The jury convicted Chauvin on two counts of murder, homicide and one of manslaughter for pinning his knee on the neck of Floyd for nine minutes and 29 seconds on May 25, 2020.
The California governor joined other Golden State officials to speak out about the verdict and the enduring problems of police violence against unarmed citizens, particularly African American suspects.
“No conviction can repair the harm done to George Floyd and his family, but today’s verdict provides some accountability as we work to root out the racial injustice that haunts our society,” the governor continued. “We must continue the work of fighting systemic racism and excessive use of force. It’s why I signed some of the nation’s most progressive police reform legislation into law. I will continue working with community leaders across the state to hear concerns and support peaceful expression.”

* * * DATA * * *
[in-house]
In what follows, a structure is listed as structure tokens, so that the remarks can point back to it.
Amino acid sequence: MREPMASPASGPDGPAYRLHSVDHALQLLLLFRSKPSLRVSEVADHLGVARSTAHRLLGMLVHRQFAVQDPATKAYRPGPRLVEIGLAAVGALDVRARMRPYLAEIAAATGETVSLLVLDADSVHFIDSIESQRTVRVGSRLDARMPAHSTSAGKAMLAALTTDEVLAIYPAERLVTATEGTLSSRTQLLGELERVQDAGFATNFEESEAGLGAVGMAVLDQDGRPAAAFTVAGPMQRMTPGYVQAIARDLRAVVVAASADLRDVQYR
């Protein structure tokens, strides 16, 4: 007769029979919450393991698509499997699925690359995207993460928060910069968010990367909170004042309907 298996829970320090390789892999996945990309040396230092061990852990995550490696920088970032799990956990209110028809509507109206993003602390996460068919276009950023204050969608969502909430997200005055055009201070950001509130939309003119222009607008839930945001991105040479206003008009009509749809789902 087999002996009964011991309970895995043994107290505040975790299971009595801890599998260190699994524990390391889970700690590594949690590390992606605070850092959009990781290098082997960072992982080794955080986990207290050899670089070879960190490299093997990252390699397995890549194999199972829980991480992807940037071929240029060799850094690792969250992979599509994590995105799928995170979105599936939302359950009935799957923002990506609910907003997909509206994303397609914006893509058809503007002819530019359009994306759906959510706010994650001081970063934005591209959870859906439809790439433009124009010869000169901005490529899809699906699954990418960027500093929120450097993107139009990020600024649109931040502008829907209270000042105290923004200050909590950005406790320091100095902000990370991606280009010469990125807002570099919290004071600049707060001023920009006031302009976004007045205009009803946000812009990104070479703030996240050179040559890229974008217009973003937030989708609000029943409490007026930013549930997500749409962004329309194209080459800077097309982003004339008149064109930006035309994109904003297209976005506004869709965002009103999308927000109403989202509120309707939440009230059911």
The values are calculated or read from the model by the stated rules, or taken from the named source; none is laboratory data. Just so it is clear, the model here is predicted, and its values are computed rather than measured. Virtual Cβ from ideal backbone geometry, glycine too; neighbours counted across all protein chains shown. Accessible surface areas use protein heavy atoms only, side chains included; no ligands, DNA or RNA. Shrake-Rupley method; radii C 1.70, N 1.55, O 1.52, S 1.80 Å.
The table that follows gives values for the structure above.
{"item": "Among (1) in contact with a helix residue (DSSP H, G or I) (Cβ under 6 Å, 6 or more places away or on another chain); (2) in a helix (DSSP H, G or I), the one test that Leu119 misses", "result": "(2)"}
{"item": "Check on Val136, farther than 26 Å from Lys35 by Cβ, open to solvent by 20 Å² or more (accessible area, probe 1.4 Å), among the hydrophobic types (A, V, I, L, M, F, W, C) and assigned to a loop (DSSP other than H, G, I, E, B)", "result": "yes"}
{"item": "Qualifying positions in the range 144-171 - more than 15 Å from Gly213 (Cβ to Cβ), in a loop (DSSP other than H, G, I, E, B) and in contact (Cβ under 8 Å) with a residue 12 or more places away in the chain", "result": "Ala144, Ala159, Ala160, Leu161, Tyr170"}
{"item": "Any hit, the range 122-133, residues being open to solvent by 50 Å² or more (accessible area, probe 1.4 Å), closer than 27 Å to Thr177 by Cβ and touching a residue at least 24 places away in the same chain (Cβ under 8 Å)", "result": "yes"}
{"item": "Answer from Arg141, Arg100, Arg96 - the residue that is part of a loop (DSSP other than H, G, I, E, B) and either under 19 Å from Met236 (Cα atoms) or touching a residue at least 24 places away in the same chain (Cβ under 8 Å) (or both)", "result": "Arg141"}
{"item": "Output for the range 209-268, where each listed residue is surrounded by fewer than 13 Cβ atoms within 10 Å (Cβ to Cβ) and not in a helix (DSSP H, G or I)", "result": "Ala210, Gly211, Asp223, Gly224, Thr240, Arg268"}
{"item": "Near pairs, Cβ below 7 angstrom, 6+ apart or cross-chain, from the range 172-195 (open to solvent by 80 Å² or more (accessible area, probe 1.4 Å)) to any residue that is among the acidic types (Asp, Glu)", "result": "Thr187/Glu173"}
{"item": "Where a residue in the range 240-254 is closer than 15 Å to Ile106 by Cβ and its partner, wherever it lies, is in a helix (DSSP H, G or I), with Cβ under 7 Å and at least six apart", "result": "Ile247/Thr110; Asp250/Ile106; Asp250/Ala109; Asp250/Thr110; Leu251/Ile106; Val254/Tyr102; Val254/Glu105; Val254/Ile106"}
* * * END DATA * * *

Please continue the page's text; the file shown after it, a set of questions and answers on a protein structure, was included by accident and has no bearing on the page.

Sen. Steve Bradford (D-Gardena), chair of the California Legislative Black Caucus, took to Twitter to comment on the verdict.
“I’m overwhelmed to tears over this verdict: Guilty. #GeorgeFloyd did not have to die that day. His family is still healing from this trauma. We must continue to fight for justice in this country, for all of us,” he tweeted.
Earlier in the day, the California Legislative Black Caucus held a press conference to address police brutality and lethal force by peace officers in California and across the country.
“There may be calls about a crisis. There may be calls about an emergency, but they are not calls intended to initiate death. They are not calls for lethal force. They are calls for issuing de-escalation and resolution.” said Sen. Sydney Kamlager (D-Los Angeles).
Kamlager, along with her colleagues – including Assemblymember Mike Gipson, who Assembly Speaker Anthony Rendon (D-Lakewood) appointed Chair of the Select Committee on Police Reform – spoke at the briefing. They called on their peers to pass the C.R.I.S.I.S. Act, or Assembly Bill (AB) 2054, legislation that proposes for communities to rely on social workers to intervene in some public safety incidents instead of police officers.
The bill was first introduced last year but died in committee.
California Secretary of State Dr. Shirley Weber also attended the Black Caucus press conference.